Have a great week!

Sunday, April 11, 2010

Genghis Khan: He Was No Huey Long

I received quite a few interesting and insightful responses to last week’s question regarding the reasons why people do or do not seek advice from financial advisors.

It is clear that each person has his or her own reasons for doing what they do, and they are as varied as the people who hold them. I’d like to quote a few here, but unfortunately I can’t. The SEC has very strict regulations regarding the use of direct quotes from clients and even non-clients. Therefore, the numerous very thoughtful responses I received shall remain private.

On a completely different note, I recently listened to two biographical audiobooks: Genghis Kahn and the Making of the Modern World by Jack Weatherford and Kingfish: The Reign of Huey P. Long by Richard D. White, Jr.

Wow! What fascinating and extraordinary men. I didn’t deliberately choose these two books in succession, but having listened to them in order, it’s only natural to compare and contrast the two leaders.

Genghis Khan (pronounced “JEN-gis” as opposed to “GEN-jis” as I had previously thought) was a reluctant conqueror, not beginning to amass his empire until he was over fifty. By the time he died peacefully in 1227, he ruled an area as large as all of North America and half of South America. His influence extended from China through the Middle East and all the way to Eastern Europe. His sons extended the Mongol Empire into the largest contiguous empire in history.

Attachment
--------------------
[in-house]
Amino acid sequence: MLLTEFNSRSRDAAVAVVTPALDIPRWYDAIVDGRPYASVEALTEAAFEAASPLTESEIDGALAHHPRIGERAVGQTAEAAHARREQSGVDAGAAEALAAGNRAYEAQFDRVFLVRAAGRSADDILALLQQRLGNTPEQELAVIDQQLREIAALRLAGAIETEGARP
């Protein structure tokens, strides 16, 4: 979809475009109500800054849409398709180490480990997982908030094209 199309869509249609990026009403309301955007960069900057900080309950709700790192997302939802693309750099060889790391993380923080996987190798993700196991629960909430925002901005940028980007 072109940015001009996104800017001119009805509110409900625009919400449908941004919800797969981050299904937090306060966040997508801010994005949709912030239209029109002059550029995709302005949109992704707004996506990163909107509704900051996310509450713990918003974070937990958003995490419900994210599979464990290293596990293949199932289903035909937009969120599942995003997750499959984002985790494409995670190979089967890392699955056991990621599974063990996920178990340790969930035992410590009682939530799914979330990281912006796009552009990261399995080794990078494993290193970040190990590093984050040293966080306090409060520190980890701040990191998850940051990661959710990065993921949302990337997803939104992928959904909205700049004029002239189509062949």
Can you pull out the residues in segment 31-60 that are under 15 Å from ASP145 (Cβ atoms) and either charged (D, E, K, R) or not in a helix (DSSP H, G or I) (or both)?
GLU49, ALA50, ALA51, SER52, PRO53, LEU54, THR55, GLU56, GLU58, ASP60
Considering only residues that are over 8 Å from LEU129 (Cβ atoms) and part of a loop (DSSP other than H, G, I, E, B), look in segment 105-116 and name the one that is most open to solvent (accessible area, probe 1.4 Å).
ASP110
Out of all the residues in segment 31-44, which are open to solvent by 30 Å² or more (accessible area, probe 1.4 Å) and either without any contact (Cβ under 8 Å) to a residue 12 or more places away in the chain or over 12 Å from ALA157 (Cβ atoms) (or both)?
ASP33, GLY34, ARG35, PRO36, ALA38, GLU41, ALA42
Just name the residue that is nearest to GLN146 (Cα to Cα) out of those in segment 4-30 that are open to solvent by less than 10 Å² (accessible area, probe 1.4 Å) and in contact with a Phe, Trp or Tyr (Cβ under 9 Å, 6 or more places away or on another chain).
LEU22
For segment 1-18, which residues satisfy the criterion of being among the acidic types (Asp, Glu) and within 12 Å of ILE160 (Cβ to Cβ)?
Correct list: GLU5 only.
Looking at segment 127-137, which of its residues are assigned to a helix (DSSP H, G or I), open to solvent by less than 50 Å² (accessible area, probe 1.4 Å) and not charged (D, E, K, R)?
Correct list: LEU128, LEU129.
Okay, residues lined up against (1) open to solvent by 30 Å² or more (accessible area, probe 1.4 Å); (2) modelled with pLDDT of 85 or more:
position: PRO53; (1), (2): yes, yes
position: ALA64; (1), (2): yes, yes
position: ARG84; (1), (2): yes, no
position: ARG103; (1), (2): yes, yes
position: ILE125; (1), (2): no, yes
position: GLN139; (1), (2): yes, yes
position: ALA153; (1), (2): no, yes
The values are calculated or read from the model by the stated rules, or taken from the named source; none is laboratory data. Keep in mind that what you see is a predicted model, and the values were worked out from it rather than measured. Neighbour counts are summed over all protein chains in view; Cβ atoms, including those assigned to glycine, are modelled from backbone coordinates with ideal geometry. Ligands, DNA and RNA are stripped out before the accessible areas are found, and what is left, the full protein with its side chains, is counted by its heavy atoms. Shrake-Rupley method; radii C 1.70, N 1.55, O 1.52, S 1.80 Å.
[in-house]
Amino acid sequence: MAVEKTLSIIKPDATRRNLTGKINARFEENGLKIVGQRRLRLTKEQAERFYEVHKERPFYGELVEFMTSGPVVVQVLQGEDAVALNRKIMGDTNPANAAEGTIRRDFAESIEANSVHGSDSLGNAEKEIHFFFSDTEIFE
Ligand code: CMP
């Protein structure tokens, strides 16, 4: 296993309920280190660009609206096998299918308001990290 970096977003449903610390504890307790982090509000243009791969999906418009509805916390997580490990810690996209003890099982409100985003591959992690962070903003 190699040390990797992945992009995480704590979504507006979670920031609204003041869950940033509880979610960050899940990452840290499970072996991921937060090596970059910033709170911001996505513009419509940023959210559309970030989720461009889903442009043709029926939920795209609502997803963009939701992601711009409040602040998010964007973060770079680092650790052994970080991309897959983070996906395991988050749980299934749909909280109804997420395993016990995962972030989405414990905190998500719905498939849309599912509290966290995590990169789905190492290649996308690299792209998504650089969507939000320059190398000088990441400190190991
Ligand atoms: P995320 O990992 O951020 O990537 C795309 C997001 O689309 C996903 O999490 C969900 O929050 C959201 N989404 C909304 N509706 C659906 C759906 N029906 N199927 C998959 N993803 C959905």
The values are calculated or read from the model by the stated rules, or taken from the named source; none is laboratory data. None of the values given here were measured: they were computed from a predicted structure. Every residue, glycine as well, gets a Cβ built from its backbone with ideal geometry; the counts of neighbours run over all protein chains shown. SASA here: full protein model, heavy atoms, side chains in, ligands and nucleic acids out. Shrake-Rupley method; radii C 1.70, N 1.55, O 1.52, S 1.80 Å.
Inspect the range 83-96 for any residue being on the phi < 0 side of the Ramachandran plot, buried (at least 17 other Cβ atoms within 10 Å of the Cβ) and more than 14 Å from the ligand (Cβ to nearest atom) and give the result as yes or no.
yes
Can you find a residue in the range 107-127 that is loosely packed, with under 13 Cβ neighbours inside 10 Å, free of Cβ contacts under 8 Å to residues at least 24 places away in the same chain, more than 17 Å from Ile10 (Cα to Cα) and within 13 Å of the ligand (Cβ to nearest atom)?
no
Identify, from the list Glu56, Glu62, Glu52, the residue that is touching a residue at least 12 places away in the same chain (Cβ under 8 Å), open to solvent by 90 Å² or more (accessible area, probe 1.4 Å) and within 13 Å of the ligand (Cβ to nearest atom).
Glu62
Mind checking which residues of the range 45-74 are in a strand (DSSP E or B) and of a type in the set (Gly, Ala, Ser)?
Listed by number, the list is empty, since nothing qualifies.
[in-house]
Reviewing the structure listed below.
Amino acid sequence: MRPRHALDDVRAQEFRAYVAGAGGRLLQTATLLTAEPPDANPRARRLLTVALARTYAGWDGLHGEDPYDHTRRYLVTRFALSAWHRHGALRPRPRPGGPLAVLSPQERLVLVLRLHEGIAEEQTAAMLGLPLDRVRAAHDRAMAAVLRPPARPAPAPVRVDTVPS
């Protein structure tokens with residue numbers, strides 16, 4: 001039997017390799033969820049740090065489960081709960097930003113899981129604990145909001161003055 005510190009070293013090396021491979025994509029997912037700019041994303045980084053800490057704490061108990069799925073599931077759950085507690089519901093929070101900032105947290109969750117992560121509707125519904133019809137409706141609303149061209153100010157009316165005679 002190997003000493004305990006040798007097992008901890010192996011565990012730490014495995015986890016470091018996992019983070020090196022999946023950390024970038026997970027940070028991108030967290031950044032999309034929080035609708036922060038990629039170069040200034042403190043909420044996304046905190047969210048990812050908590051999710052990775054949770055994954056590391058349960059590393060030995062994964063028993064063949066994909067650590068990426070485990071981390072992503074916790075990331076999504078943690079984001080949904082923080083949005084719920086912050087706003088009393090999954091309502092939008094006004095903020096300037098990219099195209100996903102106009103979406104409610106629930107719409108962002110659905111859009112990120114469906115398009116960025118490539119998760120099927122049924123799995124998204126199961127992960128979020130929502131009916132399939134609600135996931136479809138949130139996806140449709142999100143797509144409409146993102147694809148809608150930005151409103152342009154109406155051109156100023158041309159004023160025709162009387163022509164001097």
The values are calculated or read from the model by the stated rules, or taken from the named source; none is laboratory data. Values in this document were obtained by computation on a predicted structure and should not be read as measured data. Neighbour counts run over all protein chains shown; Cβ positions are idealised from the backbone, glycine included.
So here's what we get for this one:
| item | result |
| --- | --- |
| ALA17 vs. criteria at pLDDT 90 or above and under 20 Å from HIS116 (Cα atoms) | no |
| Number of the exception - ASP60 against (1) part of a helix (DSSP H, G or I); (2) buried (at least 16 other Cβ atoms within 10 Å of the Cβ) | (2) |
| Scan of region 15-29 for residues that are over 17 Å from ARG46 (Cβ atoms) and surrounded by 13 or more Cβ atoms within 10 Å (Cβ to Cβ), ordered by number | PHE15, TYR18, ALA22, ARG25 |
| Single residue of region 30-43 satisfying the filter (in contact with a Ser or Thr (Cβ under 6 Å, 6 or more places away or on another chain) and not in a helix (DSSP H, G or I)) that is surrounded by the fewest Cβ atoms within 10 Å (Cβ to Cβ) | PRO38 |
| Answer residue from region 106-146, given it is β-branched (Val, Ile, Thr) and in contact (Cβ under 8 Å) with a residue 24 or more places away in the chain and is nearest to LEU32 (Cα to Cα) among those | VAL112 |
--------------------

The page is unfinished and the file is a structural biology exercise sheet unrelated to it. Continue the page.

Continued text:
He and his “Mongol hordes” have developed a reputation in recent centuries as primitive barbarians who conquered more-advanced cultures through terror and violence. Indeed, the Mongols were extremely limited in terms of education, they presented a frightful appearance to their intended victims, and like all conquerors, they gained territory through violence on the battlefield. But the standards of the Middle Ages, theirs was a remarkably egalitarian society, and the Khan was a remarkably magnanimous ruler. He allowed conquered societies to retain their own cultures, and wherever he found new and useful ideas or inventions, he spread them to other parts of his realm, so all could benefit from them.

The Khan (born with the name Temujin) was by no means a saint. He murdered his own half-brother when he was still a boy, an act that presaged a violent adult life. But, in a twist that may seem hard to accept in such a violent individual, he also was by nature a fair man. Whenever he needed to make a major decision, he would call a Kurultai, a mass assembly of his people. On the vast Mongolian plain where the population was widely dispersed, people often would have to travel many days to reach the site of the Kurultai. In fact, the very presence of a large assembly indicated their support for the idea at hand; if the people stayed away, the clear message was “no.”